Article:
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A Nucular India By: Ankur Gupta PWR2 Dr. Moekle 19 May 2006
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Gupta 2 The Basics India, a civilization built on renewable energy and biodiverse economies, is currently at a crossroads - will it continue on its renewable energy path based on biodiversity and energy equity, or will it follow a non-sustainable energy path based on fossil fuels and nuclear power? India is not among the historical carbon dioxide polluters of the world because, through culture and economic policy, preference has always been given to localized, decentralized labor-intensive economies, not centralized, industrial economies which displace people by depending on non-renewable energy inputs. However, with globalization, new ideas have brought a lot of change at every possible level: the renewable is being replaced by the non-renewable, people are being displaced by fossil fuels, and the decentralized and diverse systems are being replaced by centralized monocultures of transport, manufacture, and agriculture. On July 18 th 2005, President Bush announced a global partnership with India to promote stability, democracy, prosperity, and peace. The desire to transform relations with India, according to administration officials, is “founded upon a strategic vision that transcends even today’s most pressing security concerns.” President Bush said he would “work to achieve full civil nuclear energy cooperation with India” and would “also seek agreement from Congress to adjust U.S. laws and policies.” He wants to “help India be good stewards of our environment and [he] will strengthen the bonds of trust between our two great nations.” Administration officials have described the agreement as a “win” for nonproliferation because it would bring India into the nonproliferation mainstream. For thirty years, India has remained outside the mainstream: it rejected the Nuclear Nonproliferation Treaty (NPT) as discriminatory and exploded a “peaceful” nuclear device in 1974 that convinced the world of the need for greater restrictions on nuclear trade. The United States created the Nuclear Suppliers Group as a direct response to India’s test, halted nuclear exports to India a few years later, and worked to convince other states to do the same. Then in 1974, following the India’s nuclear bomb tests, Japan, the United States, and many other countries imposed sanctions and cut off aid, loans, and credit to both India and Pakistan. In June of 1998, the UN Security Council passed a resolution, confirmed by the UN General Assembly in November that year that condemned the nuclear tests and called for restraint. The U.S - India nuclear agreement, an expansion of nuclear power in India and nuclear fuel sales to India, is in effect a reversal of both countries’ policies. The agreement was finalized during President Bush's India visit in March 2006. It is being offered as a "clean energy" - an alternative to fossil fuel use and CO2 emissions.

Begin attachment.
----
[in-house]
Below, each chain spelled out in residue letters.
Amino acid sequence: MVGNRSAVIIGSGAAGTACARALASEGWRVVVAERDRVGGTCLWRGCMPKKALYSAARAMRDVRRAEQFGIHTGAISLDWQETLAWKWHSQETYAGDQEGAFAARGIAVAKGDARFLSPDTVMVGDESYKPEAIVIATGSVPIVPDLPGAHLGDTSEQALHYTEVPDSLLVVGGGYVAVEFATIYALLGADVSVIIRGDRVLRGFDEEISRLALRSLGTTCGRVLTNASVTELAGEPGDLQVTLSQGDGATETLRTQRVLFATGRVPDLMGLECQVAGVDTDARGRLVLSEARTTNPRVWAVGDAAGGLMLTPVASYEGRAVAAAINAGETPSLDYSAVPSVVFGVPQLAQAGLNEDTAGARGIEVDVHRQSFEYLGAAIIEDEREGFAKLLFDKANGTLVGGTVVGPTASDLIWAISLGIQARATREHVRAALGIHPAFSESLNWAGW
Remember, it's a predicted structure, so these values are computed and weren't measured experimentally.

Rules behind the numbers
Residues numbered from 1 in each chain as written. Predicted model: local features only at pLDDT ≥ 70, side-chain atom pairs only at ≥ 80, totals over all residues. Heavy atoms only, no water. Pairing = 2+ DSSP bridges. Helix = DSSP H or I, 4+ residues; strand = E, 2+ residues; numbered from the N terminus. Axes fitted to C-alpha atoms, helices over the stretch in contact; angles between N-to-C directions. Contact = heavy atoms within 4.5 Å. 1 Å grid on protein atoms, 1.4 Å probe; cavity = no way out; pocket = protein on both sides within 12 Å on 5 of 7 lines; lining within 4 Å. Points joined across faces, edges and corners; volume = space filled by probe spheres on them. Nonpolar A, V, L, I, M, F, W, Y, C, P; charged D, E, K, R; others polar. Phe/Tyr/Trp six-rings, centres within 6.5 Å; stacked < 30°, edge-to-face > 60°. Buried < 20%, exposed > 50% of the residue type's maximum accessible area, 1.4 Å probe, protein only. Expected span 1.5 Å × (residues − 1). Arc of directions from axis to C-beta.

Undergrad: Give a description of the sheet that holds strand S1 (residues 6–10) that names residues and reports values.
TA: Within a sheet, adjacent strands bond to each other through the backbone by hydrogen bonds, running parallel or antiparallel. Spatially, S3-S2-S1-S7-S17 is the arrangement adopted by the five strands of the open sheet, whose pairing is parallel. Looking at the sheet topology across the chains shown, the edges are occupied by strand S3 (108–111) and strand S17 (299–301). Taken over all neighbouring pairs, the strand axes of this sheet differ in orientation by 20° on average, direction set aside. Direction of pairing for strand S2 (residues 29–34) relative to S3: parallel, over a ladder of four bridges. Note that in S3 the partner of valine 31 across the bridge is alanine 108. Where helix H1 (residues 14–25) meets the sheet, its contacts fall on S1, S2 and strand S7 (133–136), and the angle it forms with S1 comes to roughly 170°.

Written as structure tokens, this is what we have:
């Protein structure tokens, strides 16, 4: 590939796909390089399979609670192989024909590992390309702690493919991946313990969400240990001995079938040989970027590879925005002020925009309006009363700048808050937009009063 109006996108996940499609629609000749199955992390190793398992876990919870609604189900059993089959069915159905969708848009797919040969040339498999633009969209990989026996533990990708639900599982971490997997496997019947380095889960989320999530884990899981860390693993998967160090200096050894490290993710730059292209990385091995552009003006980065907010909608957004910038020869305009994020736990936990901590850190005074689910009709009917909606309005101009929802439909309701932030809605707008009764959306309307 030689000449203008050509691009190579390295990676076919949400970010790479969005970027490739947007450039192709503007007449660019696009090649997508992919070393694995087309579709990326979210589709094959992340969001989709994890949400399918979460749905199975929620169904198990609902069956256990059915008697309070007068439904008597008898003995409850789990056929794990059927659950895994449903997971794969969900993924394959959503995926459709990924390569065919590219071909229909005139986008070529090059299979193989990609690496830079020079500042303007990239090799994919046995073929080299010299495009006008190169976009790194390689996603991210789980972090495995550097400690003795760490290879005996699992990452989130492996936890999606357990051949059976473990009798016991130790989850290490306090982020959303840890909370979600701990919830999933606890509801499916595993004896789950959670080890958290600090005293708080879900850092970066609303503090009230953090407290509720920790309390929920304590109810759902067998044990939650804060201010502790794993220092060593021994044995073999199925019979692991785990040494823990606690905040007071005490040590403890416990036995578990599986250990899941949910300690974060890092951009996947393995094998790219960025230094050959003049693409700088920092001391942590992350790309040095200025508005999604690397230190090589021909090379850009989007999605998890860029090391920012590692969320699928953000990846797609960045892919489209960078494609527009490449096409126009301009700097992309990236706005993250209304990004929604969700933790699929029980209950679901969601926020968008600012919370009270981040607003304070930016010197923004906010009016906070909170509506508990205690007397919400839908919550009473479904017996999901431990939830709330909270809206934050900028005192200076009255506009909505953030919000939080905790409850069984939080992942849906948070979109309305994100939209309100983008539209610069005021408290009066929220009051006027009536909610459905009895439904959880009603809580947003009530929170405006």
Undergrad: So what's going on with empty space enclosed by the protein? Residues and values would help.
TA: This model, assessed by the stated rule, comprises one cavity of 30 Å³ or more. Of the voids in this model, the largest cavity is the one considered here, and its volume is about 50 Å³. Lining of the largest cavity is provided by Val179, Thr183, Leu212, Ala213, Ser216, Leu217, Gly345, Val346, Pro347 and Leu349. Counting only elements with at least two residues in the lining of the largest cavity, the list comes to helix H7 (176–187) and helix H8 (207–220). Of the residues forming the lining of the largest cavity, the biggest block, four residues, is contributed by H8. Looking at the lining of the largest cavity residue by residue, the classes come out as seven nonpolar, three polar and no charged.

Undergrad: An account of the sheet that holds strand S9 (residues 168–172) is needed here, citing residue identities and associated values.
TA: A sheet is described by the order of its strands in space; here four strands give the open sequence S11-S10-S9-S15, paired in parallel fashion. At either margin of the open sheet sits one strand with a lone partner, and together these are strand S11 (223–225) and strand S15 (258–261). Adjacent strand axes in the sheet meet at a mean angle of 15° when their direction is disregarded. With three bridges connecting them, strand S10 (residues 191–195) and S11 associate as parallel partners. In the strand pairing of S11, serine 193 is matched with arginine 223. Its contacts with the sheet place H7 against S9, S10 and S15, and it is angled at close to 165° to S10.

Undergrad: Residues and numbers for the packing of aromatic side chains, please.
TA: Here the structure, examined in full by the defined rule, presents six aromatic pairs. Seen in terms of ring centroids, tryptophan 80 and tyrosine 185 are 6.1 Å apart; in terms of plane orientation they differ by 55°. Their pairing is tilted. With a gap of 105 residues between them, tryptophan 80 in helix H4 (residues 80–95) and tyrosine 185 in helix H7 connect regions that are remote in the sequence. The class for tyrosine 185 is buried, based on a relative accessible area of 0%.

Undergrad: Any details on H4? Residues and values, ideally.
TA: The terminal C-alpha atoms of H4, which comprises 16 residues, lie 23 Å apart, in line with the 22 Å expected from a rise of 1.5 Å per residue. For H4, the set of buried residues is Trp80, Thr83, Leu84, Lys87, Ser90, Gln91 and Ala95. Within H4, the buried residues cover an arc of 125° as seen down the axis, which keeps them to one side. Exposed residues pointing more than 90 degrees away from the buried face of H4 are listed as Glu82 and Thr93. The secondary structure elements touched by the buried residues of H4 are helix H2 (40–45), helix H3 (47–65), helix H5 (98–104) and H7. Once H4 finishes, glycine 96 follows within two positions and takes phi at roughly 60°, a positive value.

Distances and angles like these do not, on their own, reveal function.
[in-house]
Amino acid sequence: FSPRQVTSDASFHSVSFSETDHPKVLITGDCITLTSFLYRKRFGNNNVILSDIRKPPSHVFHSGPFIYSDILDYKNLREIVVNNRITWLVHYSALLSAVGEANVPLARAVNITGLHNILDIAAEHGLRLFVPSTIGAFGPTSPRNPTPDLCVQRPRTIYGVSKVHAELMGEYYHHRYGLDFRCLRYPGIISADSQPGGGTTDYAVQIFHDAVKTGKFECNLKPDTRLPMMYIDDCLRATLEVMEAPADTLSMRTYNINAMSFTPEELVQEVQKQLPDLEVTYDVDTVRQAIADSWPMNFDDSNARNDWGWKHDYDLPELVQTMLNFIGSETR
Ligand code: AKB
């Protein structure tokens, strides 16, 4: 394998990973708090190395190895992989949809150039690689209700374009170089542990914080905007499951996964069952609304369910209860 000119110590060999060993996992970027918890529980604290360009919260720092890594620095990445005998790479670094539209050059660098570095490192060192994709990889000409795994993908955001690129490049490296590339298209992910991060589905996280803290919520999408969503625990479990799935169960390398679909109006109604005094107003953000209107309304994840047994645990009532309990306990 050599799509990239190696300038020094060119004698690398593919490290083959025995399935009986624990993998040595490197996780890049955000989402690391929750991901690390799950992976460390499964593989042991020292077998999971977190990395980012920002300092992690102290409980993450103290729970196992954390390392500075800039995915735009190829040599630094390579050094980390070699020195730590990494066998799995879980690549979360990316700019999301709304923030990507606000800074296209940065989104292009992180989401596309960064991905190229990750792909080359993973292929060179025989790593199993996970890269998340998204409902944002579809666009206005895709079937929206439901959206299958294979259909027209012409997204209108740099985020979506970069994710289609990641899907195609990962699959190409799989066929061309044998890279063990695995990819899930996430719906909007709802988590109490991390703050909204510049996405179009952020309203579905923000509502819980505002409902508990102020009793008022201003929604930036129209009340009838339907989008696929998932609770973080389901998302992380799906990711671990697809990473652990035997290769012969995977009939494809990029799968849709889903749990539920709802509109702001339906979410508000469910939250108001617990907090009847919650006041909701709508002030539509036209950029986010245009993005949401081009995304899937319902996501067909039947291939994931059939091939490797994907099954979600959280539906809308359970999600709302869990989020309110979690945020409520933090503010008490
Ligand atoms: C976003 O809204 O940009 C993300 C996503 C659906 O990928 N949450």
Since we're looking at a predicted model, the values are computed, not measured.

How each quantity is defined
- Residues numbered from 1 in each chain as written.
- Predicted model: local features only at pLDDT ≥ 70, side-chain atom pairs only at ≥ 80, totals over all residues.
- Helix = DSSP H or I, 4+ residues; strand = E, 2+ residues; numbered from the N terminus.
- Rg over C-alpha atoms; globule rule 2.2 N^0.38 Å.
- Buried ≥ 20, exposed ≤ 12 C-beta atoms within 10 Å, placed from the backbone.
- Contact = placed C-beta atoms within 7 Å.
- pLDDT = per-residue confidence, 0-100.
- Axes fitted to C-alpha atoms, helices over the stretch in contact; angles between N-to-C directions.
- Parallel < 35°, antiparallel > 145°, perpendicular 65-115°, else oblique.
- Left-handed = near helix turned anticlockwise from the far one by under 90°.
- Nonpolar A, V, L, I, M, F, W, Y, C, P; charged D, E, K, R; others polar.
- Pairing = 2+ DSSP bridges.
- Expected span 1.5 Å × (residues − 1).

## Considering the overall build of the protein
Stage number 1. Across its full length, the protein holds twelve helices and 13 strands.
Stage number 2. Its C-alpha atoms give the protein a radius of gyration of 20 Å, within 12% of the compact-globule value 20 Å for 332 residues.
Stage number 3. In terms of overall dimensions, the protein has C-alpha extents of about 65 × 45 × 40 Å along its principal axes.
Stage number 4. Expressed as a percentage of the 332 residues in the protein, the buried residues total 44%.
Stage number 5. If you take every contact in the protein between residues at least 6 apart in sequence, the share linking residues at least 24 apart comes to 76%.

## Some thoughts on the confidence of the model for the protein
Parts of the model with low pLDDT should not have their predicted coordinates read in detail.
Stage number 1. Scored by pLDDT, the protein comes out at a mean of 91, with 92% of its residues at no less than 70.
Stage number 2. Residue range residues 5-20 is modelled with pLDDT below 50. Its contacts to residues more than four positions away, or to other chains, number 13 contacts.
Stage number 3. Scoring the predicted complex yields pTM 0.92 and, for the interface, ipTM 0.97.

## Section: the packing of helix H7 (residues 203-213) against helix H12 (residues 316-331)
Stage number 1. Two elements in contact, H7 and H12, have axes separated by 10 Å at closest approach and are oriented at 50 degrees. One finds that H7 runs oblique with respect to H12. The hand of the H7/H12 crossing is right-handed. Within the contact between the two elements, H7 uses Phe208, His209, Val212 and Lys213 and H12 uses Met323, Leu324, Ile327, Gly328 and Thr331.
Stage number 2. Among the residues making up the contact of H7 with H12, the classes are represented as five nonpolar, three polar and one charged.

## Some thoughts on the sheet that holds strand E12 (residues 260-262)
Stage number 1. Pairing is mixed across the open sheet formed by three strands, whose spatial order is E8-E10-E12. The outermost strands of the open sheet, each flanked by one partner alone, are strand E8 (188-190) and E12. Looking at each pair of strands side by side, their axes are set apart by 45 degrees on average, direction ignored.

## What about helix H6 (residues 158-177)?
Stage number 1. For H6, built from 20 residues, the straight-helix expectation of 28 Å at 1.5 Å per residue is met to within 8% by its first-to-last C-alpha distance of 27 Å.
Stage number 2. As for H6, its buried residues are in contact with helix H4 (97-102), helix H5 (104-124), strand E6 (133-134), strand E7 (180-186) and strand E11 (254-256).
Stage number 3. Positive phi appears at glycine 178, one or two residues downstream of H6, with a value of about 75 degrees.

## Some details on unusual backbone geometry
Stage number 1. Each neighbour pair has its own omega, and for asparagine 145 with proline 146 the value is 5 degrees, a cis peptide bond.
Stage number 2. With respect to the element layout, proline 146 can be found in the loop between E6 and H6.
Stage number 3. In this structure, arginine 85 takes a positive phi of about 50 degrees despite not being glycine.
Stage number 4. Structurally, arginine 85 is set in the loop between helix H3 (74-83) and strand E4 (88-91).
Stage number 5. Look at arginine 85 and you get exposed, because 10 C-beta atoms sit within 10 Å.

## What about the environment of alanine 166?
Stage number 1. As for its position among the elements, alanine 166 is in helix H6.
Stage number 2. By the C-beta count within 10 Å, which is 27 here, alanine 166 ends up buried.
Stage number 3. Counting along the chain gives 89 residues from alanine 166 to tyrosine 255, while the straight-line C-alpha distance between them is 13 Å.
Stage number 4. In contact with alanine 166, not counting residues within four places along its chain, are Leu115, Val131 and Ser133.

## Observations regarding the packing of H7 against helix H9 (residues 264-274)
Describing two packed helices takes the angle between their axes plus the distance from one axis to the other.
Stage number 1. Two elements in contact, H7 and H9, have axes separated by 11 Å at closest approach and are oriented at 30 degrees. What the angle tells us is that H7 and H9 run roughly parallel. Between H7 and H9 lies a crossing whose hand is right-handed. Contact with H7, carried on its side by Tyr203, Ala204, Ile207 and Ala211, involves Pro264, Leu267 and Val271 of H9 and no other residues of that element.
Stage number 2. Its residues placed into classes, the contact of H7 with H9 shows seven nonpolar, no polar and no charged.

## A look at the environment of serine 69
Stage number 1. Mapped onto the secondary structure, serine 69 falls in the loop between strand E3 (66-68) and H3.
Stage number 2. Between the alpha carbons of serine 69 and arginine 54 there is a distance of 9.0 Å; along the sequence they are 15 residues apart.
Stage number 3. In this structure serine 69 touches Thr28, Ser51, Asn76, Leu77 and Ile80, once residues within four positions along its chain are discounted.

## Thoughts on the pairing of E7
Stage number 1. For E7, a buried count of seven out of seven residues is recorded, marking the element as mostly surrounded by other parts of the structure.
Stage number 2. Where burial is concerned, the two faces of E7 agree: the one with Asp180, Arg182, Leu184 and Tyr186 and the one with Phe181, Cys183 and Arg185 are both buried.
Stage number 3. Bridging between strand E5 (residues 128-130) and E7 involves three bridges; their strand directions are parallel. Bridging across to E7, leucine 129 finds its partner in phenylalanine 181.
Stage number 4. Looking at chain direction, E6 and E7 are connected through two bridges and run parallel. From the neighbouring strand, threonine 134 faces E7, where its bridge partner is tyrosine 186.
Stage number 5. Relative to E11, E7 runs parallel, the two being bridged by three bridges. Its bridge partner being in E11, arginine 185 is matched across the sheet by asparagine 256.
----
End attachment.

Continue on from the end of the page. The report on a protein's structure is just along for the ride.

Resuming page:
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This note was uploaded on 04/07/2008 for the course IHUM 53 taught by Professor Nightingale,white during the Winter '08 term at Stanford.

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